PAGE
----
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Highlights of Discussion on Mandatory Bicycle Helmet Laws

This document contains highlights of discussion regarding Mandatory Helmet Legislation for Bicyclists on Usenet newsgroups back in 1994.


From: Noel Weyrich
Newsgroups: dc.biking
Date: 28 Apr 94 21:59 PDT
Subject: Re: Helmet Laws

scotty@verdix.com writes:
S> When you look at a car driver, required to be strapped in and having a
S> fairly good chance of being protected by an air-bag in most otherwise
S> head-damaging collisions, you don't get the impression that a helmet
S> requirement is going to be worth the legislation for the minor
S> improvement it would make
Minor improvement? 40,000 Americans die in auto accidents ever year, most are head injuries. A head is completely unprotected in side crashes, in crashes that crumple the front end, etc. Please, read the paper. Why do race drivers wear helmets? They're strapped in!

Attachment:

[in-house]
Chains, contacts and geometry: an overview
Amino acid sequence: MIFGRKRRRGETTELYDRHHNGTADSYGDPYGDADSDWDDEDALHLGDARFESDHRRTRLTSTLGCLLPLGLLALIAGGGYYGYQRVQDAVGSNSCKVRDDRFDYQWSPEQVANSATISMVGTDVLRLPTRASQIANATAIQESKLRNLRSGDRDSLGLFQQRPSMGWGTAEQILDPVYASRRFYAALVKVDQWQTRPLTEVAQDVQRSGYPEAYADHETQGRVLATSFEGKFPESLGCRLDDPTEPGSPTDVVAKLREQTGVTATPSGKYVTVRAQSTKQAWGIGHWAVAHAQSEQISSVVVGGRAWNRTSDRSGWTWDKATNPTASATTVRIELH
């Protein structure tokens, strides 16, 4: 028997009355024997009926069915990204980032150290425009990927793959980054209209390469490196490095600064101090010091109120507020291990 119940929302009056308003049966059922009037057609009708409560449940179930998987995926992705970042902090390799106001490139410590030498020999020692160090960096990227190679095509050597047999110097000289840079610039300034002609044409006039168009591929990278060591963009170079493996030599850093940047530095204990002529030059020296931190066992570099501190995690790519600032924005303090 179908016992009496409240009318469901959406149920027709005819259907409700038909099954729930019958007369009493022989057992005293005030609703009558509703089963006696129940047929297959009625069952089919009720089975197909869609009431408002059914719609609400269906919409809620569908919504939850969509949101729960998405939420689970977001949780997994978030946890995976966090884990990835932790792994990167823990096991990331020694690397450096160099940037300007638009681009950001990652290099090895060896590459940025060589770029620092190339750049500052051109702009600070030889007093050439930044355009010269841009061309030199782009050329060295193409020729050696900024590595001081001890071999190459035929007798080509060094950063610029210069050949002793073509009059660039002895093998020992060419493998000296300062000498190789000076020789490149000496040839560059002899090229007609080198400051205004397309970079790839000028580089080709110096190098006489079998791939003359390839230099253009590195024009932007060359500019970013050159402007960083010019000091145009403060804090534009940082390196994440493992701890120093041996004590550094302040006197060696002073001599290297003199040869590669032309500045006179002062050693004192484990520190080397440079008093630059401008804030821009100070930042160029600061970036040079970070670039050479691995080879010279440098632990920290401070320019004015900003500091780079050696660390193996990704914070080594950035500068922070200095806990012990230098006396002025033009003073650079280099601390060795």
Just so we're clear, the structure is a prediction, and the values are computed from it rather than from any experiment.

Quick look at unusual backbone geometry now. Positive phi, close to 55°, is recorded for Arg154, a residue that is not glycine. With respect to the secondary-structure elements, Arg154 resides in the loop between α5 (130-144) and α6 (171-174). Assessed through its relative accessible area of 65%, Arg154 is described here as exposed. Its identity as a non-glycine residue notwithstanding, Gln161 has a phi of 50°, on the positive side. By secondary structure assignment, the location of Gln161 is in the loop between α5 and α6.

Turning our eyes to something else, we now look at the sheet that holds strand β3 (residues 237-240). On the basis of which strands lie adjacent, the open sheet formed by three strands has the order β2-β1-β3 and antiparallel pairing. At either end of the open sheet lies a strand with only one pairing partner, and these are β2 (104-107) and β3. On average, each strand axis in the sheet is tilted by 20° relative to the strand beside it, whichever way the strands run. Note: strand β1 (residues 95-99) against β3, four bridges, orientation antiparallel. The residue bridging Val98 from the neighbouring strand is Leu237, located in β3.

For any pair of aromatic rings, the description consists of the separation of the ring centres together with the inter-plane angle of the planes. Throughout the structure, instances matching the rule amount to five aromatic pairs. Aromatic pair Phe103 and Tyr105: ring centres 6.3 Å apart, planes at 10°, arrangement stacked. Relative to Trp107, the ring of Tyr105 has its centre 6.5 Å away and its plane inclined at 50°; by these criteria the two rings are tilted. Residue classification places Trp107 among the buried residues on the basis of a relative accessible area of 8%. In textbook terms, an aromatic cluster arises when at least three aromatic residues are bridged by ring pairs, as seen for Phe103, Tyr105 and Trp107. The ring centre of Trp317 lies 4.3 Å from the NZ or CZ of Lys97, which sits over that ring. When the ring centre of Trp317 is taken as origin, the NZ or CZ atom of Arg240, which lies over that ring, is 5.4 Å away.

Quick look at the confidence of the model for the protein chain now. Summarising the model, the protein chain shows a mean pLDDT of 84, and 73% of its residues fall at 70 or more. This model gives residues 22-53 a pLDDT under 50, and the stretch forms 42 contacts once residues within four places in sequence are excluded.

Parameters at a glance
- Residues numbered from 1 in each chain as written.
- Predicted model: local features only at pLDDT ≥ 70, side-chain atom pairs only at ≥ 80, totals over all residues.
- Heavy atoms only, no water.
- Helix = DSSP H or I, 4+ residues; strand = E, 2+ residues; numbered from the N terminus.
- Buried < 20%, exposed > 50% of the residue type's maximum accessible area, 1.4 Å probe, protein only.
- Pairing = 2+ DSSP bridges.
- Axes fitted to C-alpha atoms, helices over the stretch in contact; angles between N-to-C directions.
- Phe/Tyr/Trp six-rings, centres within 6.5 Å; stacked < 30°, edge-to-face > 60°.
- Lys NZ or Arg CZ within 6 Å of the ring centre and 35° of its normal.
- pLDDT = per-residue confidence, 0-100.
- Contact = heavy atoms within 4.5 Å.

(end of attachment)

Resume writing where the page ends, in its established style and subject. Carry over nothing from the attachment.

On the other hand, of the 900 cyclists who died last year in America, many were wearing helmets. Three of the six cyclists who have died in the Philadelphia area in the last two years were wearing helmets. One was hit by a car with a vinyl roof. The TV news showed the helmet imprint, GIRO, spelled backwards, pressed permanently into the damaged vinyl roof.

I'm merely saying that the rational defense of bicycle helmets does not make sense because if we really want to stop deaths, we should start with the major causes of death. Here are the figures from the National Trauma Society.

Brain injury is the leading killer of young adults. 75,000 Americans die of traumatic brain injuries each year. Between 70,000 and 90.000 will endure lifelong debilitating loss of function, each year. Young males, 15-24 highest risk group. Causes:

What is rational public policy here? Where do we start. Helmets for motorists (or just their child passengers) seems to be the most promising!


From: JACOBSENP@delphi.com
Newsgroups: rec.bicycles.soc
Subject: Re: Mandatory Helmet Legislation
Date: Tue, 23 Nov 93 23:02:25 EST